Federal officials who have been tasked with overseeing safety at Metro for the past three years could soon turn control over to the new regional safety panel created for the job.
The new Metrorail Safety Commission board voted Monday to submit an application to the Federal Transit Administration requesting that it be allowed to assume responsibility from federal officials.
While there are several steps (and months) in the certification process, commission officials are eager to end Metro’s status as the only major transit system in the country whose safety problems were deemed so significant that the federal government stepped in to provide oversight.
“They’re as anxious to get rid of it as we are to take it,” commission Vice Chairman Mark Rosenker said.
The safety commission is expected to submit its application to the FTA by Sept. 30. After that, the detailed document will be made available to the public.
The commission is composed of transportation safety experts appointed by the District, Maryland and Virginia, and its six-person board held its inaugural meeting in March.
But the genesis of the new agency goes back much further — to at least January 2015 and the calamitous L’Enfant Plaza smoke incident, which resulted in the death of one Metro rider and the hospitalization of scores of others.
Federal investigators determined that at least some of Metro’s safety problems could be attributed to the toothlessness of its existing watchdog organization. So, in the fall of 2015, then-U.S. Transportation Secretary Anthony Foxx ordered the FTA to step in and take on the tasks of daily on-the-ground inspections and safety audits — the first time such a drastic action was taken for any public transit agency in the country.
That arrangement has lasted significantly longer than many people — including those at the FTA — expected. Even now, the federal government releases regular reports detailing the results of the dozens of inspections it performs each month. Those inspections tabulate, with meticulous detail, all the problems, substandard equipment and defects that inspectors spot in the tunnels, at the stations, and in the rail yards and equipment shops.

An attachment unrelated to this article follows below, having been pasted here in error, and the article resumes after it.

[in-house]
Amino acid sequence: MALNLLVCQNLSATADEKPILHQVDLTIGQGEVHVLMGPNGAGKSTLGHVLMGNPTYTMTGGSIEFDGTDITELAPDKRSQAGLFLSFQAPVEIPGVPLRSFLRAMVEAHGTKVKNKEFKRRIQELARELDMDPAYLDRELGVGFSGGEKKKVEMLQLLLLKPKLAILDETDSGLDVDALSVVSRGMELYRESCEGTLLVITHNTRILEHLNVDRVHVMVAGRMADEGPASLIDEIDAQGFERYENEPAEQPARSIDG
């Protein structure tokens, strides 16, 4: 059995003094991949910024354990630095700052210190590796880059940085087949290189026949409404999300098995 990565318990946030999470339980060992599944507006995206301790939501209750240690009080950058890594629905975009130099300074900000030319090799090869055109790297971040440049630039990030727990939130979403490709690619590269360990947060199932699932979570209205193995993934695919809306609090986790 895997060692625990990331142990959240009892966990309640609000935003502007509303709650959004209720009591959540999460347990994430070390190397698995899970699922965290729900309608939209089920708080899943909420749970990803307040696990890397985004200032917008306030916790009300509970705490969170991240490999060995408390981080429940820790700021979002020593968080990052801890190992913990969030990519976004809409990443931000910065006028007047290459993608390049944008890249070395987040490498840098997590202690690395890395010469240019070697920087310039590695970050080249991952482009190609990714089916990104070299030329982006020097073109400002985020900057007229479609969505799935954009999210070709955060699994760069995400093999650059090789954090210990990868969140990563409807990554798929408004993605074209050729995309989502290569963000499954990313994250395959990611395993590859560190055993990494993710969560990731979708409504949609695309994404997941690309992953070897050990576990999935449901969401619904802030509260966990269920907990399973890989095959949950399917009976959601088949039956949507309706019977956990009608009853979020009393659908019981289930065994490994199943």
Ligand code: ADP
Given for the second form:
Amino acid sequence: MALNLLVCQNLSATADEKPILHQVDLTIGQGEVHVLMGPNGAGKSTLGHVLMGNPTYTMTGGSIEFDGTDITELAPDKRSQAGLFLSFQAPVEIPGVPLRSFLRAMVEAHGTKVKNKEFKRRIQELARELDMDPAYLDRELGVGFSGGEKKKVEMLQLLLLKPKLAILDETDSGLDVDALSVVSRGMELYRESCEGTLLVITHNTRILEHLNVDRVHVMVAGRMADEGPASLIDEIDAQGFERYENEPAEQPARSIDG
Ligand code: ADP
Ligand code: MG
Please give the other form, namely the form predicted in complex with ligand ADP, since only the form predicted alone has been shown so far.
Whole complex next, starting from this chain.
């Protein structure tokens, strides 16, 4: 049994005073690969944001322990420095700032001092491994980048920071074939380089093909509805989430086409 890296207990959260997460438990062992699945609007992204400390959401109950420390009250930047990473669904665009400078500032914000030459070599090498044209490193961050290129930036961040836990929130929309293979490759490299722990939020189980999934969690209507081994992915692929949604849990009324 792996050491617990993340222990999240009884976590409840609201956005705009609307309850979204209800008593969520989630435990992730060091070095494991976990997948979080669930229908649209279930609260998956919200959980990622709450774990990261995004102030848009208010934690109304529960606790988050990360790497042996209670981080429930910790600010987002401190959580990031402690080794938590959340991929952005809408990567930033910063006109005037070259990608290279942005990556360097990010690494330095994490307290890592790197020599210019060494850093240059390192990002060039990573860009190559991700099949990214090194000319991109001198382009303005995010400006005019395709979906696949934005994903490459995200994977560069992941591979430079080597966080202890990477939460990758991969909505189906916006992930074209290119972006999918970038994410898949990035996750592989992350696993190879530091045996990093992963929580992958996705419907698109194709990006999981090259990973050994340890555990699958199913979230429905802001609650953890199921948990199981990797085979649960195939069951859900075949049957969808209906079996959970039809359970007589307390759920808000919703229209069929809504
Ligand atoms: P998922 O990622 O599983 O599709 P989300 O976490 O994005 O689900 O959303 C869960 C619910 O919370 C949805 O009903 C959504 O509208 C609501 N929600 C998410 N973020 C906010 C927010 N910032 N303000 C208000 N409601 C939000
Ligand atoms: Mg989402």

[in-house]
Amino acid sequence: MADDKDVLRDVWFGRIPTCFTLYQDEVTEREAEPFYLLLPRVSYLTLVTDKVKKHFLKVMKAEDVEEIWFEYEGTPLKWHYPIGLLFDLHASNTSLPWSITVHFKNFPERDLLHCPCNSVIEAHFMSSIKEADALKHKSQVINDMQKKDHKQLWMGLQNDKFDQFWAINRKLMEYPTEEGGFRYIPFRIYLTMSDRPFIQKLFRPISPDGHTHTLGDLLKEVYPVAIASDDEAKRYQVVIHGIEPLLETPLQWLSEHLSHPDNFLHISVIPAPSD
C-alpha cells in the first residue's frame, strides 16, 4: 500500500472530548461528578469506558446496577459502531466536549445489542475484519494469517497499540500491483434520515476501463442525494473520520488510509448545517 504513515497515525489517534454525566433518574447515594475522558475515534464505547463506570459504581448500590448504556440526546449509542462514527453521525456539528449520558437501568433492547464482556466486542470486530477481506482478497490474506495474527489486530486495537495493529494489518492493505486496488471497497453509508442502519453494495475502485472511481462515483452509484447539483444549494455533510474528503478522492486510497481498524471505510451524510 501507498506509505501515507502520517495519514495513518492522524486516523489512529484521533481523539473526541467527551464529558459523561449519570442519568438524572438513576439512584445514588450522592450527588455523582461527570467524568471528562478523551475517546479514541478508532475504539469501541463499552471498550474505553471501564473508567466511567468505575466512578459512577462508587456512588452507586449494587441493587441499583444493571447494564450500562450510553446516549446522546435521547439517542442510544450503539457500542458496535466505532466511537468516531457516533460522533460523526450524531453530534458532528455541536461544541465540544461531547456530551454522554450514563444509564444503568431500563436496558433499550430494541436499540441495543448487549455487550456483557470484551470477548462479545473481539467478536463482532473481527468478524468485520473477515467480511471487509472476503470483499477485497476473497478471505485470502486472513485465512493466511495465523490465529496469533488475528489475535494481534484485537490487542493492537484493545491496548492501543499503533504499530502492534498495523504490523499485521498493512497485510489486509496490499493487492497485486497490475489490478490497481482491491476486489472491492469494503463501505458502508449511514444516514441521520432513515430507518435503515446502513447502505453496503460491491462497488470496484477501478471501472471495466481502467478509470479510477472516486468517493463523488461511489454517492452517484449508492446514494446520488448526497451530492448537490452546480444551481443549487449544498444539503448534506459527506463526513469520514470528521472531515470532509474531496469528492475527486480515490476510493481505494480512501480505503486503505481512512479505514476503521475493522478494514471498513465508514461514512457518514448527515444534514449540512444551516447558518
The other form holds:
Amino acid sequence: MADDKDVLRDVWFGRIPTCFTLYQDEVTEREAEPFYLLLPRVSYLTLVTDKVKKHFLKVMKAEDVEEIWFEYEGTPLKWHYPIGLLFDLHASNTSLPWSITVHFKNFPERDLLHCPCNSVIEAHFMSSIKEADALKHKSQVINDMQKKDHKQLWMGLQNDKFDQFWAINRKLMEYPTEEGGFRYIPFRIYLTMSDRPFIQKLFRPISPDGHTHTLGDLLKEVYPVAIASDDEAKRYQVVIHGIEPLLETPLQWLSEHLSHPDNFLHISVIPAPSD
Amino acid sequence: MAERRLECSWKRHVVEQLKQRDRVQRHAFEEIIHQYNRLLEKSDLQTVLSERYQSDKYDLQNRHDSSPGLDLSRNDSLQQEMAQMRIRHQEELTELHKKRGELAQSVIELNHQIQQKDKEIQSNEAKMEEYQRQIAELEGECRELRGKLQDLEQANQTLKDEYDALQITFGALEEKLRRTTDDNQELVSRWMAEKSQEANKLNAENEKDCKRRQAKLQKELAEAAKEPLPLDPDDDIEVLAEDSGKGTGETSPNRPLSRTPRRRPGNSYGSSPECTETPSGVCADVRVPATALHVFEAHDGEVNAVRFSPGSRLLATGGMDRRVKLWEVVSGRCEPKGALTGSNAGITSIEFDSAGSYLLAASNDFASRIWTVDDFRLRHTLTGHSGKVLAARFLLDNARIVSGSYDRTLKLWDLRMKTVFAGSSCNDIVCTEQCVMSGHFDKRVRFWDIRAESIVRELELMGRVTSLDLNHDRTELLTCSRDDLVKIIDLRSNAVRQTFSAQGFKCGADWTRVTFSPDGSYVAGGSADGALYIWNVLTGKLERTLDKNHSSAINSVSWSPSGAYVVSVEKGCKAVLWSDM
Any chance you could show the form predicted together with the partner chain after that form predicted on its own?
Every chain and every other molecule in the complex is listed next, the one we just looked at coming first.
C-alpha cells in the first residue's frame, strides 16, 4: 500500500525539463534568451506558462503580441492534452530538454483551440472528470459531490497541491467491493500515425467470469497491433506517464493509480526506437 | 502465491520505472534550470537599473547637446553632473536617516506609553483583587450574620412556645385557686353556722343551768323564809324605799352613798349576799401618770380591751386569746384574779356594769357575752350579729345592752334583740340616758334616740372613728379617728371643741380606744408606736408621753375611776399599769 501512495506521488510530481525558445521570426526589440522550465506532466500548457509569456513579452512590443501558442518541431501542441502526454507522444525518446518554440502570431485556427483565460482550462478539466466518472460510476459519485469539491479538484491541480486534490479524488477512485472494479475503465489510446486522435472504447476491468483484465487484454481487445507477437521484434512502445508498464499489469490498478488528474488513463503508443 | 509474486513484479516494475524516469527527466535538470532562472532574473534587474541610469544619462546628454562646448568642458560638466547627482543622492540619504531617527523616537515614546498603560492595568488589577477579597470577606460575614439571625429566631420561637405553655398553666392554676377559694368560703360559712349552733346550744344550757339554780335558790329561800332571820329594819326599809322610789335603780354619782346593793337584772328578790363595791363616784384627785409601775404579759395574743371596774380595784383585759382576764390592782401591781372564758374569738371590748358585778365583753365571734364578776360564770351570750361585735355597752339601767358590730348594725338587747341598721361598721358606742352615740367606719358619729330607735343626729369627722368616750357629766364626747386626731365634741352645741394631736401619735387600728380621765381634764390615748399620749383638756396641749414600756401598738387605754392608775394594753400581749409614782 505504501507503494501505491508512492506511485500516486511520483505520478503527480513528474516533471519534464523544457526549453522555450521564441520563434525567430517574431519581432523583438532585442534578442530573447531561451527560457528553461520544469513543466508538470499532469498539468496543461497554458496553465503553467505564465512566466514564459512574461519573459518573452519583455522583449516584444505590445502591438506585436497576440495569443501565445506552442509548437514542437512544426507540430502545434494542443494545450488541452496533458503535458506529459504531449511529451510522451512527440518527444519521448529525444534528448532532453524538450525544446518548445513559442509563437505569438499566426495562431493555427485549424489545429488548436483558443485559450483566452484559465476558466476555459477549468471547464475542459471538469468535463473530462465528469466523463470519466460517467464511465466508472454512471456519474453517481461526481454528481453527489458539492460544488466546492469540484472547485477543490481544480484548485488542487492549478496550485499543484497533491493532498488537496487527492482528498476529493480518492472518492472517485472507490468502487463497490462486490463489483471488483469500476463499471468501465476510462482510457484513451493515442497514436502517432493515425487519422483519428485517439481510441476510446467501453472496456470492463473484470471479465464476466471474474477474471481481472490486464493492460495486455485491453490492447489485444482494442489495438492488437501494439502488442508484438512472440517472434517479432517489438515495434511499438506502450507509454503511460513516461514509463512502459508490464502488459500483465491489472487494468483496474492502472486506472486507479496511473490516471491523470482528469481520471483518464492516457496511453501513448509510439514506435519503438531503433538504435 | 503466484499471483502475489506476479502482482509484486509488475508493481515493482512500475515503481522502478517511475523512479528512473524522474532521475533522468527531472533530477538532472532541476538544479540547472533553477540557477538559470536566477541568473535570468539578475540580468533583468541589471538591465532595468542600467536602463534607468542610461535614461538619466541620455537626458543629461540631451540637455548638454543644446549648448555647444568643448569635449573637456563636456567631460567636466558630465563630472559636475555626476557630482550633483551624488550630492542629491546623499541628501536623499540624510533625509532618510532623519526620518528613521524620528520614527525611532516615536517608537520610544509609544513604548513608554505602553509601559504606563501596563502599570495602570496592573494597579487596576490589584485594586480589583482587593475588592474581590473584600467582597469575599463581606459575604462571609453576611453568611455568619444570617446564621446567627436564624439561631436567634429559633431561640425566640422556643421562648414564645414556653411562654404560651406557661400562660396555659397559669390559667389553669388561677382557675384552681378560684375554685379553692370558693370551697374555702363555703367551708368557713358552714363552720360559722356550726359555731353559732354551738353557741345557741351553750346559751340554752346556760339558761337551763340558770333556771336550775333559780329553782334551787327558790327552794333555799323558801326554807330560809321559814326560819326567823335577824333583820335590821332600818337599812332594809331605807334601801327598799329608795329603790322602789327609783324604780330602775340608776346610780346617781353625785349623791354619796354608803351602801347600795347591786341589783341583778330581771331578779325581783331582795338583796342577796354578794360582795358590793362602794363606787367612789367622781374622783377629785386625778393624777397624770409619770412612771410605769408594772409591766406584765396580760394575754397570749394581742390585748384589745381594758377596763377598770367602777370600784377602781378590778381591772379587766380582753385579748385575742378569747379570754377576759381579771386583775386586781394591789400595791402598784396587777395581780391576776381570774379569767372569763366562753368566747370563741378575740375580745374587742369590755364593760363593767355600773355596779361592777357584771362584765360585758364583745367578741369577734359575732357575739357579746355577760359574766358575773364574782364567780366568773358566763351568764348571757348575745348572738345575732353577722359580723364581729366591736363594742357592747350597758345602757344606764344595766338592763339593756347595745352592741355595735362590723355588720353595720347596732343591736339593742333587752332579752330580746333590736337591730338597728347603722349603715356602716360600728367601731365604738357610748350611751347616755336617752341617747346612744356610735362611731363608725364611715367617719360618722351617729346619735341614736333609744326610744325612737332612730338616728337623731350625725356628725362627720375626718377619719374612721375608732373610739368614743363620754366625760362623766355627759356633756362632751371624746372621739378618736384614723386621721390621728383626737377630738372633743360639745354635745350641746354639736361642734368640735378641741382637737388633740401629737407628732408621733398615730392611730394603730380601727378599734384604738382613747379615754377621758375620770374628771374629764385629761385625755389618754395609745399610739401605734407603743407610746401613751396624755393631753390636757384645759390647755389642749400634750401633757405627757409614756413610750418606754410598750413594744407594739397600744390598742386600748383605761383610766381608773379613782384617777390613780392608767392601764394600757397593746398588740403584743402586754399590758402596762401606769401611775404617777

It’s a significant undertaking for a federal agency that, before 2015, had almost no experience with these kinds of inspections.
Commission Executive Director David Mayer insisted that the new safety panel will ultimately be much more powerful and effective than its predecessor, the Tri-State Oversight Committee, citing its sizable funding from the region’s taxpayers, the technical expertise of its staff, and its new legal authority to penalize and fine Metro for failing to meet safety standards.
“We’re simply different from anything that’s come before,” Mayer said after Monday’s meeting.
Said Rosenker in comparing the new commission with the “toothless” old panel: “We do have teeth. We just hope we don’t have to use them.”
Still, Rosenker said, it’s a complicated process before the commission has the official go-ahead to function independently.
“The certification process is more than taking a package of paper and submitting it to the FTA,” he said.
Last week, the FTA released a memo outlining the steps that will come after it receives the commission’s application. There is a lengthy “transition period” that will include training in “inspections, investigations, corrective action plans, emergency management, safety and security certifications, and triennial audits.”
During that process, Metrorail Safety Commission staff members will shadow federal inspectors to learn the ins and outs of their jobs. Then, those same inspectors will shadow commission staff, to ensure that they’re capable of fulfilling all the inspection and auditing responsibilities.
The commission must earn certification from the FTA by April 15, or it risks the federal government withholding further money from Metro and other transit agencies in Maryland, Virginia and the District.
Meanwhile, there are other things to be determined, such as the organization’s logo. The commission hired a design firm to come up with mock-ups, but the suggestions “really didn’t have an appropriate look and feel for a safety agency,” Mayer said.
So, he said, they’re going back to the drawing board.